Members of the public, particularly operators of bodywork shops, mechanic shops, and owners of vehicles and have been urged to follow stipulated guidelines and play a greater role in reducing pollution around their operations and homes.
This call has come from Senior Environmental Technician at the Environmental Protection Department (EPD), Shaina Goodridge, who also has responsibility for air and noise pollution in Barbados.
And, she is encouraging operators of bodywork and mechanic shops to obtain a copy of the Best Management Practices For Vehicle Maintenance Facilities in Barbados Guide and seek assistance from the EPD in setting up their operations.
"We receive a large number of complaints about vehicle maintenance facilities, and we are required to go and investigate," she said, explaining that such facilities included bodywork and mechanics shops, areas where air conditioning repairs were done in cars, customisation workshops and valet operations.
Those complaints range from paint odours; dust from sanding; smells from petroleum products such as gas and diesel; water, noise and marine pollution.
Ms. Goodridge also warned that there were a number of physical effects that could occur from being exposed to such operations.
She explained that those effects induced by noise pollution could include headaches, aggravation or the development of hypertension as a result of exposure to the pollutants; sleep disturbance and the aggravation of mental illness.
In addition, she said, air pollutants could also create problems with the skin; cause people to feel nauseous, fatigued, dizzy, develop asthma, aggravate a pre-existing condition of asthma, or other respiratory ailment; and even damage the central nervous system.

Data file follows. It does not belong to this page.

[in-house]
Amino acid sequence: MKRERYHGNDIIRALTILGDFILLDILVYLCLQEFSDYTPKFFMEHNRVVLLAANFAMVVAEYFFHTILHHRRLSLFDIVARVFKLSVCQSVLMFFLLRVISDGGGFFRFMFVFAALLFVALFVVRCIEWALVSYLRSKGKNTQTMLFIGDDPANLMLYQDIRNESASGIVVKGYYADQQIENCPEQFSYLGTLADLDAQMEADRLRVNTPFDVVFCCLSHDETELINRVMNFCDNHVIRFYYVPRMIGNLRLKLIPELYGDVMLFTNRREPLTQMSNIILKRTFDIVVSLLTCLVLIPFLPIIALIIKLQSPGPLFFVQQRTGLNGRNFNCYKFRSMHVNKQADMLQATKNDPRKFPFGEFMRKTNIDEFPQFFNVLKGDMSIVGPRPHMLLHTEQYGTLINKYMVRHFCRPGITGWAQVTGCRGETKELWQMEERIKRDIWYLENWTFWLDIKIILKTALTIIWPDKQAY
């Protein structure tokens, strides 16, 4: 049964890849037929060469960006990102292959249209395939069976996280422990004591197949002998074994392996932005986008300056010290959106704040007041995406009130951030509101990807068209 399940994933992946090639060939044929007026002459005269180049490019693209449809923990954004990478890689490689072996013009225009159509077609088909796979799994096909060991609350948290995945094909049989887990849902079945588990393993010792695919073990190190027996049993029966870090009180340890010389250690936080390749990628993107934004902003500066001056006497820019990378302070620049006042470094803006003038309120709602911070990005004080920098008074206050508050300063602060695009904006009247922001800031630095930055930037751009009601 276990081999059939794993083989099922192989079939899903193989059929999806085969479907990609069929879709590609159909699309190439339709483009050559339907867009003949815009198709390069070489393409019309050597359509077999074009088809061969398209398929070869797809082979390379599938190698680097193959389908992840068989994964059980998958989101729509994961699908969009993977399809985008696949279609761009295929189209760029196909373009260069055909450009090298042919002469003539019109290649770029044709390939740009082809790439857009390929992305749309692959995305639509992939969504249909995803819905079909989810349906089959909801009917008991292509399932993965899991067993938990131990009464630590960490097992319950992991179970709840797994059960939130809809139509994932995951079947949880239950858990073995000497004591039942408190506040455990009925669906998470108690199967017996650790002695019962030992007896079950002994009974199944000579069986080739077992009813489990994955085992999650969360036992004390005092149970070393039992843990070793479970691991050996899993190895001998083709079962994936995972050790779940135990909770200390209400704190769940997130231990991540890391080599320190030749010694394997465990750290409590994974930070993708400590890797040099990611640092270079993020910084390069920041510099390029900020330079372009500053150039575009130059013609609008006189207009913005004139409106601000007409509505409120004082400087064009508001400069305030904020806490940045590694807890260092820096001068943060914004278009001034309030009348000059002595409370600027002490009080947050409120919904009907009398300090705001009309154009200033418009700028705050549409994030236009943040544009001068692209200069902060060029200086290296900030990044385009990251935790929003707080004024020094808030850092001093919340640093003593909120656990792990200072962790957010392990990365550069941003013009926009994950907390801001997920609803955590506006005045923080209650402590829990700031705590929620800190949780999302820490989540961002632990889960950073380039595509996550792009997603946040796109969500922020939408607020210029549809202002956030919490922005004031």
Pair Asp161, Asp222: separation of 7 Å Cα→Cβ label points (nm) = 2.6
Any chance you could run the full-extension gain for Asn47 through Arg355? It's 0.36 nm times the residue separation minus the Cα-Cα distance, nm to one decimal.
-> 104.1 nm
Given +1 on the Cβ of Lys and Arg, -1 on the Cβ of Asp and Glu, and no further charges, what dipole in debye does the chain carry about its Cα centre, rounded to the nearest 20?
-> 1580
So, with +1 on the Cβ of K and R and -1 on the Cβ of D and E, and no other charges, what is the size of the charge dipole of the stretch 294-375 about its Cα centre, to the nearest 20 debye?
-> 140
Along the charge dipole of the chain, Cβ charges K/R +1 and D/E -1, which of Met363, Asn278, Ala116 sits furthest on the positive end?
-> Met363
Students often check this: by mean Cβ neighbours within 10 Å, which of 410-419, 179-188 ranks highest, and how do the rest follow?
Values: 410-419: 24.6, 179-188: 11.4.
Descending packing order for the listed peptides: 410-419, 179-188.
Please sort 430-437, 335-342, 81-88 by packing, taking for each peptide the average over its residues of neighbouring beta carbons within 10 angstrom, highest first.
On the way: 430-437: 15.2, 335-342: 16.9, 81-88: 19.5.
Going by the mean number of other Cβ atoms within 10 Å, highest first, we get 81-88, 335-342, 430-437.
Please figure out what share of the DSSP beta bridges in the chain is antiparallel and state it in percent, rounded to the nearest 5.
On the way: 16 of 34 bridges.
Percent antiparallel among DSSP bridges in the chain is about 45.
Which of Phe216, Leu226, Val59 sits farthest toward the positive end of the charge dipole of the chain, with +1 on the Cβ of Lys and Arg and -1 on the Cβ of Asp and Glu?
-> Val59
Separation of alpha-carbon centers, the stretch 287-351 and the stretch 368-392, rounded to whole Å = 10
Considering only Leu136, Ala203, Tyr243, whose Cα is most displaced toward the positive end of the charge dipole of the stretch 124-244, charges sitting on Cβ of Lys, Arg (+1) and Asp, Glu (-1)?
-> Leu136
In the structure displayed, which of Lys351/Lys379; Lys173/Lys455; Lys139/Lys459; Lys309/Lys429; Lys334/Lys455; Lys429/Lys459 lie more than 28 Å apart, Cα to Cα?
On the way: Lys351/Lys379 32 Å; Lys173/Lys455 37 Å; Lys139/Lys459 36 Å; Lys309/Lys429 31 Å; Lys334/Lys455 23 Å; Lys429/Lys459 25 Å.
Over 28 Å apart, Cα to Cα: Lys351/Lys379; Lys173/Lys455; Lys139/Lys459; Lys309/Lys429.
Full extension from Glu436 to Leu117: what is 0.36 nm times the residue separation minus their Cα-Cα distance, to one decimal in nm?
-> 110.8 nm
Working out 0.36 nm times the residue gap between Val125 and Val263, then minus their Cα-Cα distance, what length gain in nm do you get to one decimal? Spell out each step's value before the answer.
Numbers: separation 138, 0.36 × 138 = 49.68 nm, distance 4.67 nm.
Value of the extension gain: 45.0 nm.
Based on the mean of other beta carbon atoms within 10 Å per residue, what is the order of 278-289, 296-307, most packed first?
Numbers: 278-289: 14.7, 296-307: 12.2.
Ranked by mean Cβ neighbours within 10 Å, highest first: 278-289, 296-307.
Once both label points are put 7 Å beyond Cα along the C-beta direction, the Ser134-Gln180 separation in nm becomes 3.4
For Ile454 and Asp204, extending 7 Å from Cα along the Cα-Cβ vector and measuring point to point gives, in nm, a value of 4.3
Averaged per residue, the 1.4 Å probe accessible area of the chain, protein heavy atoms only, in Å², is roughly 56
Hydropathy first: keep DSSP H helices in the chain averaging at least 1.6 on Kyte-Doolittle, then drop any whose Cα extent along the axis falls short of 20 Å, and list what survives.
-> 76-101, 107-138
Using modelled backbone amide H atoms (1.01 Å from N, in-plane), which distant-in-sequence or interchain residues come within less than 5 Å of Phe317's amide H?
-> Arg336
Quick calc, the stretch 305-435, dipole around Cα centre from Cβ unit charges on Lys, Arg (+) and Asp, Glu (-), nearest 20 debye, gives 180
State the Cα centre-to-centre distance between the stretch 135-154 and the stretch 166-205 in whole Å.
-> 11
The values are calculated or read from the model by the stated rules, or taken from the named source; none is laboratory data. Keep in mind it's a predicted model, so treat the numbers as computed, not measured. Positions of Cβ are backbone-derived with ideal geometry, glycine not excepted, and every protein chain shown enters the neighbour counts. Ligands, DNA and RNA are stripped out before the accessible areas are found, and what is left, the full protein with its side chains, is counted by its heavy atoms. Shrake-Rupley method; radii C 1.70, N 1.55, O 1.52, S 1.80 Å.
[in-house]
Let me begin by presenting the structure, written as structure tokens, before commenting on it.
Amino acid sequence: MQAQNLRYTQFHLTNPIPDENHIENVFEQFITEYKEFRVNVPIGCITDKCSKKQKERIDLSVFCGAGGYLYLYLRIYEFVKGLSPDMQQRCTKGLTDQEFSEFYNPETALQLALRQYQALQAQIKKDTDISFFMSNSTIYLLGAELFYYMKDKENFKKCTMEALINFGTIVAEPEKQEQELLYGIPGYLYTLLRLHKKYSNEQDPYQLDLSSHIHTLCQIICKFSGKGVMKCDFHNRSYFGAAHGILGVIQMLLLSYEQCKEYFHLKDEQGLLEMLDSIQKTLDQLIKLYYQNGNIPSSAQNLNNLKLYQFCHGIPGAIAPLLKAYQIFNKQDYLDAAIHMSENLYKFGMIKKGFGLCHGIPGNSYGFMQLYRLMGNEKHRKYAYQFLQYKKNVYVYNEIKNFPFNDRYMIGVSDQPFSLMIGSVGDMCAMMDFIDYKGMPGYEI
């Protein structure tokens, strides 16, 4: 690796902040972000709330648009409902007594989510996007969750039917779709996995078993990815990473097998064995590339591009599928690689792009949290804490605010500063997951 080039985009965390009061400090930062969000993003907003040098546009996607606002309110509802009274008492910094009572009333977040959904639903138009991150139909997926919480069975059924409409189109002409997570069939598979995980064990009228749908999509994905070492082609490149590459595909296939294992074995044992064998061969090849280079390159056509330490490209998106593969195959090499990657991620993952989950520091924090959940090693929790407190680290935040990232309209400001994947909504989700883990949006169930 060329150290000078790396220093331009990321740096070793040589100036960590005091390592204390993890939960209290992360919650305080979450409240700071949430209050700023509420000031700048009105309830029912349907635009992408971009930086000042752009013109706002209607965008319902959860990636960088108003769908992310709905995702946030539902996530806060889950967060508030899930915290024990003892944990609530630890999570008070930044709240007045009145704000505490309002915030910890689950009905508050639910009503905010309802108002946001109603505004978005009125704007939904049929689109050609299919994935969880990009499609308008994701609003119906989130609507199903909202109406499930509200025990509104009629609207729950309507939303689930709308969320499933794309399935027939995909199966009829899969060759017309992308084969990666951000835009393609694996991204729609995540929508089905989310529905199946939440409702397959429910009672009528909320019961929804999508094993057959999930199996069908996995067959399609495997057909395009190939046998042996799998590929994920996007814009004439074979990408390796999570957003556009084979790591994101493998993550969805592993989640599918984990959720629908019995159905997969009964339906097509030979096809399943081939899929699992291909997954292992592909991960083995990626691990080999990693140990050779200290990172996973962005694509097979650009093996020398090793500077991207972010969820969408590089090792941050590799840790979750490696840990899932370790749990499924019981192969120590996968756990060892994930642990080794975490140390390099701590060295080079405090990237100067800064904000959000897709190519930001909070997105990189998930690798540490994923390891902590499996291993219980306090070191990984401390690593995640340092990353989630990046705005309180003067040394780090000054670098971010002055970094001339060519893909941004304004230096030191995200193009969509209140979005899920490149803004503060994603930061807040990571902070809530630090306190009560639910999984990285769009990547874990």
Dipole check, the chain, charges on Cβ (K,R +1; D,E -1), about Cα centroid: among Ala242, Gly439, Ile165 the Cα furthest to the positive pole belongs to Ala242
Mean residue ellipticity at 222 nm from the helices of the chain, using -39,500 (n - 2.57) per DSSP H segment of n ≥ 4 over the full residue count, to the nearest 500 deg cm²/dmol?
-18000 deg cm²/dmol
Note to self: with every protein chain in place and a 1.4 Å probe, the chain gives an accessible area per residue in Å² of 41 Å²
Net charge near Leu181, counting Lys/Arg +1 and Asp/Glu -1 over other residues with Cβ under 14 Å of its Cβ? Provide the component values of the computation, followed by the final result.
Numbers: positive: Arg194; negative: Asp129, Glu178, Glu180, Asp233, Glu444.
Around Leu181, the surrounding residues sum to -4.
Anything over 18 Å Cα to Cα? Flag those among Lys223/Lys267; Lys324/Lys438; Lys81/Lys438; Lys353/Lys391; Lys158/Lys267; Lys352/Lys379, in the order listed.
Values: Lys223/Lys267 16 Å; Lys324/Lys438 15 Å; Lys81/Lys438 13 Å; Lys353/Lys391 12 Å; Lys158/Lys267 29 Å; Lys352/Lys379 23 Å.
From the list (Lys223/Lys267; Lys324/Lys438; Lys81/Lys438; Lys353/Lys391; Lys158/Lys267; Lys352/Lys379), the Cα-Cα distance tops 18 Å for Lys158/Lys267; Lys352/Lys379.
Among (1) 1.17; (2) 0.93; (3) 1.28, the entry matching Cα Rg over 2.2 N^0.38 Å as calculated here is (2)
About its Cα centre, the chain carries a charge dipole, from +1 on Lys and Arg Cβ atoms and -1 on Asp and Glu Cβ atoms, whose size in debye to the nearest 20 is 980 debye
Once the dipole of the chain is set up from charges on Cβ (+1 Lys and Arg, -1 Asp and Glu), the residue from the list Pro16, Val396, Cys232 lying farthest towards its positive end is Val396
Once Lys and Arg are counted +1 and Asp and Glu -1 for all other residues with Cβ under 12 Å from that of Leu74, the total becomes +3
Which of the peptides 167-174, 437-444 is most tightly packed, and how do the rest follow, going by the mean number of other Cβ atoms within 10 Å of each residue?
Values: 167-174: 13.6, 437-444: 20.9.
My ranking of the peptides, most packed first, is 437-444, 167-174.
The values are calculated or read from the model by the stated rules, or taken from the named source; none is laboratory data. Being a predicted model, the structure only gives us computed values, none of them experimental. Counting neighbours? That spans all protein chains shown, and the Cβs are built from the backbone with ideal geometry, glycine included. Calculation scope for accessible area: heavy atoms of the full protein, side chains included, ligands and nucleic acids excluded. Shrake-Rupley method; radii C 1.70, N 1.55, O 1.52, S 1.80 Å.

"Some pollutants are carcinogenic, so there is [also] the potential for people to develop cancer," the Senior Environmental Technician pointed out.
However, in suggesting ways to improve how such facilities were operated and maintained, Ms. Goodridge suggested that operators start with having the correct design for the facility.
She stressed the only way they could be sure that it was being done correctly would be to obtain planning permission from the Town and Country Planning Development Office and the EPD.
She added that operators should also have a booth for spray painting, have the appropriate pollution control system properly installed, operated and maintained, and have the correct types of exhaust ducts for the extraction of pollutants.
Operators are also being encouraged to consider safer ways of carrying out their operations. "For example, you may do wet sanding as opposed to dry sanding; you could use a proper type of spray painting gun rather than a high pressure, low volume gun; take corrective action in a spill and dispose of material retrieved from the spill; engage in the correct storage and handling of chemicals; wear personal protective equipment to safeguard yourself; and have a good maintenance programme in place," Ms. Goodridge advised.
She also encouraged operators to communicate with their neighbours to let them know what is going on with their operations, the safety measures in place, the work planned, and discuss any concerns they might have.
However, she advised those not directly involved in such operations to be their brother’s keeper. "If you are aware of the guidelines for such operations, let others know. Pass on the information to them and get hold of the Best Management Practices booklet and forward it to the operator or contact the Environment Protection Department and make us aware of the operation, so we can make an assessment and work with the operator to bring them up to standard," she suggested.
Vehicle owners too are being encouraged to avoid doing maintenance at their homes or in residential areas where there are no environmental controls. "Take it [the vehicle] to an authorised dealer or facility. Somewhere that has the correct design and controls in place and disposal techniques," she said.
Persons who require copies of the Best Management Practices for Vehicle Maintenance Facilities in Barbados may contact the EPD at 310-3600 or visit their website at http://www.epd.gov.bb/.